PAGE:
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Andrew M. Jackson
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Seaside community is besieged by a chemically enraged (and significantly enlarged) crab, that cuts of path of destruction and chaos. Various odd-ball characters are quickly dispatched, attracting the concerns of otherwise care-free locals, including Robert Lansing as the proprietor of the local saloon.
"Island Claws" is by no means the worst "killer animal" movie on the block; some good sets, pleasant beachside scenery and Lansing's rendition of the bemused publican with an accent from parts unknown, almost (but not quite) compensate for the $2 special effects and banal dialogue.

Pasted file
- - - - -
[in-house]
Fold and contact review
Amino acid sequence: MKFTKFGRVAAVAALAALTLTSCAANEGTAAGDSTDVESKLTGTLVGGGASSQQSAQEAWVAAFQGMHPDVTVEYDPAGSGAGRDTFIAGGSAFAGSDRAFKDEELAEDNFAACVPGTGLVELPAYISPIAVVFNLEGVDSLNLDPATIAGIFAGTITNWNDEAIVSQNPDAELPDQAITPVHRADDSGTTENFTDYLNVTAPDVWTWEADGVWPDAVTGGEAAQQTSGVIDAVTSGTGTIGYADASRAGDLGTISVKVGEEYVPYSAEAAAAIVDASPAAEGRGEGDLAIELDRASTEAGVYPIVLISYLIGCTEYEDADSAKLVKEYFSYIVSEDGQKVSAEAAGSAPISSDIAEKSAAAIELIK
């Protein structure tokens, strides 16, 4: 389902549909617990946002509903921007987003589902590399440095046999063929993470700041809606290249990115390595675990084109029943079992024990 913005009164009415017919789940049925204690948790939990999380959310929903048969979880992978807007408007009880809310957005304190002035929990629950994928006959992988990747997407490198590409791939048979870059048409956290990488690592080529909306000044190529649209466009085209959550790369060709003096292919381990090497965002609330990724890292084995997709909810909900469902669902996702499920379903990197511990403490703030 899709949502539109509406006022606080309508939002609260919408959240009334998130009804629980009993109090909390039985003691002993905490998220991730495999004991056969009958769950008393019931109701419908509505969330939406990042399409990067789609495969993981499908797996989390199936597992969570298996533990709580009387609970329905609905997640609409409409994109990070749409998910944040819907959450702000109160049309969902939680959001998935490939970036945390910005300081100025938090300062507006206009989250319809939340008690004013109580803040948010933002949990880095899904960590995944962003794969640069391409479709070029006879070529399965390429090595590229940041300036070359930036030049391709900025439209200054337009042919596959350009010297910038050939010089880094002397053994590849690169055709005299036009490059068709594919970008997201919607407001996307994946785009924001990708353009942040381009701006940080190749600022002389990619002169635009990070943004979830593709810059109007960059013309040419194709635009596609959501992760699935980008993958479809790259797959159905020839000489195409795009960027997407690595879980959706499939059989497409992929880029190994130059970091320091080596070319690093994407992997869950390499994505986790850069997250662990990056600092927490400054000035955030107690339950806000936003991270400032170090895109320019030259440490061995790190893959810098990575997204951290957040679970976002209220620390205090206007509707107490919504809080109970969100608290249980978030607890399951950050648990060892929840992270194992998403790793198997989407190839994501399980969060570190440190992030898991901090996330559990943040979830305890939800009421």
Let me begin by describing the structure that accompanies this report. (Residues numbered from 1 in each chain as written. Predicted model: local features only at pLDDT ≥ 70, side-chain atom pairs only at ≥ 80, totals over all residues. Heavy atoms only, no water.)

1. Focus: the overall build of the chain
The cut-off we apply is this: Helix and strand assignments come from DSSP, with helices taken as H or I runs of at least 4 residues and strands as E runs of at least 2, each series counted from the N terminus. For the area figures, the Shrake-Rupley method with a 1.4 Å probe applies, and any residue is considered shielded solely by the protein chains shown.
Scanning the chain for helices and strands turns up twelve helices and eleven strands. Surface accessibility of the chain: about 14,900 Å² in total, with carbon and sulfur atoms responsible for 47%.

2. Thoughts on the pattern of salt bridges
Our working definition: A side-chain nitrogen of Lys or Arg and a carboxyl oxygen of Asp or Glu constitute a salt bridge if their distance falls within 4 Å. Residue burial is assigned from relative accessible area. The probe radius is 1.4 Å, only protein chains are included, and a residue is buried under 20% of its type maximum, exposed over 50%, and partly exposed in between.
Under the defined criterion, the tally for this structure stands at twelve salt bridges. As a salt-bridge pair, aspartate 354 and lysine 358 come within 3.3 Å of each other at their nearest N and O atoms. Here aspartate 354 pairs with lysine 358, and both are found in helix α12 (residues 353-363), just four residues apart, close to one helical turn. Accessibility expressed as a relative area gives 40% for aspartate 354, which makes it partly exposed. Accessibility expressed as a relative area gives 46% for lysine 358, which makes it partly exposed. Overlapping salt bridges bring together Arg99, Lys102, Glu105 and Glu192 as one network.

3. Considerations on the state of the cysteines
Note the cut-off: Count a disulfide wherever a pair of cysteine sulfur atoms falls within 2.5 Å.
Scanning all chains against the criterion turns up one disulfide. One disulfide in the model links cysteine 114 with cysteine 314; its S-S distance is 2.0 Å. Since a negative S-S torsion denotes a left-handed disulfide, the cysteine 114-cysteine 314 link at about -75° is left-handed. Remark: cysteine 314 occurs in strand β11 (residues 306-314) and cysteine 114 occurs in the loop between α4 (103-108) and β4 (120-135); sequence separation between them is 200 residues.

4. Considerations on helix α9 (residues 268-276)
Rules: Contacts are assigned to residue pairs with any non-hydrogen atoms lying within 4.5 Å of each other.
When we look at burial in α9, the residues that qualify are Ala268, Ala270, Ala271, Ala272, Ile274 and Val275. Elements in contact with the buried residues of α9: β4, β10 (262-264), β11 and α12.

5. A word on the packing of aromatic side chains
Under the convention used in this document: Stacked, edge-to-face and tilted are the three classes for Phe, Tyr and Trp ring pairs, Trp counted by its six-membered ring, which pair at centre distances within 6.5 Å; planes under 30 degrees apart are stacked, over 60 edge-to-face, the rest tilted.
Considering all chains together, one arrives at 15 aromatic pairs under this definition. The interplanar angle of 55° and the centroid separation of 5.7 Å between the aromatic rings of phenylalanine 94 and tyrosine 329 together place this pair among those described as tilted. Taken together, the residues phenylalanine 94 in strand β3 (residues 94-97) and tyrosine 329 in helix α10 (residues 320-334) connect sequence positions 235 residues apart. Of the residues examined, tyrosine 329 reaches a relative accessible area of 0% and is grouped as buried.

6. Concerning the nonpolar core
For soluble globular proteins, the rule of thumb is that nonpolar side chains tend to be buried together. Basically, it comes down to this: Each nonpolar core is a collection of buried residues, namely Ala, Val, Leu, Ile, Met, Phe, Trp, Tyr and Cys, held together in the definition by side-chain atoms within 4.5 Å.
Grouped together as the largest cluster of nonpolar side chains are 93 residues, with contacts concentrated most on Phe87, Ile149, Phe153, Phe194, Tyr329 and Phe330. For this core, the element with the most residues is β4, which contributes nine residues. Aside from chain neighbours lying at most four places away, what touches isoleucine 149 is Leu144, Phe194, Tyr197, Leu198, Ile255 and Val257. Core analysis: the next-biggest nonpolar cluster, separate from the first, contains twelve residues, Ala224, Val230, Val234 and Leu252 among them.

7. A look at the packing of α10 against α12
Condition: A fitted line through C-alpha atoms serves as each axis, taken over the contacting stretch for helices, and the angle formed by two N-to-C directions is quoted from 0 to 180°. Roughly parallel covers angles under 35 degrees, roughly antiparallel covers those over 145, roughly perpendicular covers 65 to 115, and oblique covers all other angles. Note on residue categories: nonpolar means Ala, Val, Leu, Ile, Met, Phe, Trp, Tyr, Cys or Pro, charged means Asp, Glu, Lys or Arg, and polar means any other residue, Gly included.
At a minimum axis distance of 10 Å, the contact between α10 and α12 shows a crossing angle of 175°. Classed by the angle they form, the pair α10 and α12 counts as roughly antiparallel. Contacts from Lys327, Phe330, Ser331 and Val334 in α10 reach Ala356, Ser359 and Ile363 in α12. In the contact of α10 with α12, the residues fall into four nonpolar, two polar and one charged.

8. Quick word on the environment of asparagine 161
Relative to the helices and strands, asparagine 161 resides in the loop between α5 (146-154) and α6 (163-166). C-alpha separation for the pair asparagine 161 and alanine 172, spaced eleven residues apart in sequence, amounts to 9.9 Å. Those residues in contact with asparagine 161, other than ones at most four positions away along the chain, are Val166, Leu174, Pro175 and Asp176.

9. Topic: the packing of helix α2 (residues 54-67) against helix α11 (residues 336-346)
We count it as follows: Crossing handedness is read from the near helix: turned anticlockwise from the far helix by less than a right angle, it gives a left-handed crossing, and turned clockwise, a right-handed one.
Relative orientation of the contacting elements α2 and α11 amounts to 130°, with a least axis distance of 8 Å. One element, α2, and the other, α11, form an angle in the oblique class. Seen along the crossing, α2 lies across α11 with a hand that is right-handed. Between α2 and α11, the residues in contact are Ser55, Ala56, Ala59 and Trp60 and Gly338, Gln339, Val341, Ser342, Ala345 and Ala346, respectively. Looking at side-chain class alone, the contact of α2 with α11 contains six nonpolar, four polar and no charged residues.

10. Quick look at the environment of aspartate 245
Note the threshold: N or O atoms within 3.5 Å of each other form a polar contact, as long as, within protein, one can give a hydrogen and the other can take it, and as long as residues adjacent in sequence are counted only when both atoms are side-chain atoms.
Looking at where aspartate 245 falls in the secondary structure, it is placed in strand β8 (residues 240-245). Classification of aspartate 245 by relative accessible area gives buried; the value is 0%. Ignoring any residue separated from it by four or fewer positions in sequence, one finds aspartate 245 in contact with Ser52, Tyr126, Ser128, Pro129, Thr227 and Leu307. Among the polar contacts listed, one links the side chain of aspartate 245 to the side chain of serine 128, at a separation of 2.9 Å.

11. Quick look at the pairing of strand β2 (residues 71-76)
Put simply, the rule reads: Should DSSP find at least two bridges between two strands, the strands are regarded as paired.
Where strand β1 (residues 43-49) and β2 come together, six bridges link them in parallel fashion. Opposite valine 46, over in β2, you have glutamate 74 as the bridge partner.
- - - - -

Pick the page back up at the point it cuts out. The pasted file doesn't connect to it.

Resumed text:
Throughout the movie, reference to the "mysterious" perpetrator is flagged by glimpses of a claw, or larger-than-usual sideways shuffle tracks in the sand. When the film's crowning glory is finally exposed in its entirety, it's easy to understand why the makers kept it concealed for 80 minutes. The concoction is laughable, but then, what would you expect?
Aside from Lansing, whose trademark ambivalence has been a familiar character trait in his portrayals in other films of the ilk (see "Empire of the Ants" and "The Nest"), only Barry Nelson can rate a mention for being a known quantity. All the other faces are virtual unknowns, with the exception of Nita Talbot in a frivolous supporting role.
Sometimes vaguely scary, but mostly puerile, if you happen to see a copy for less than pocket money, treat yourself and gain a new appreciation of the extent to which film-makers went to cash-in on the "killer animal" theme that was in vogue at the time.
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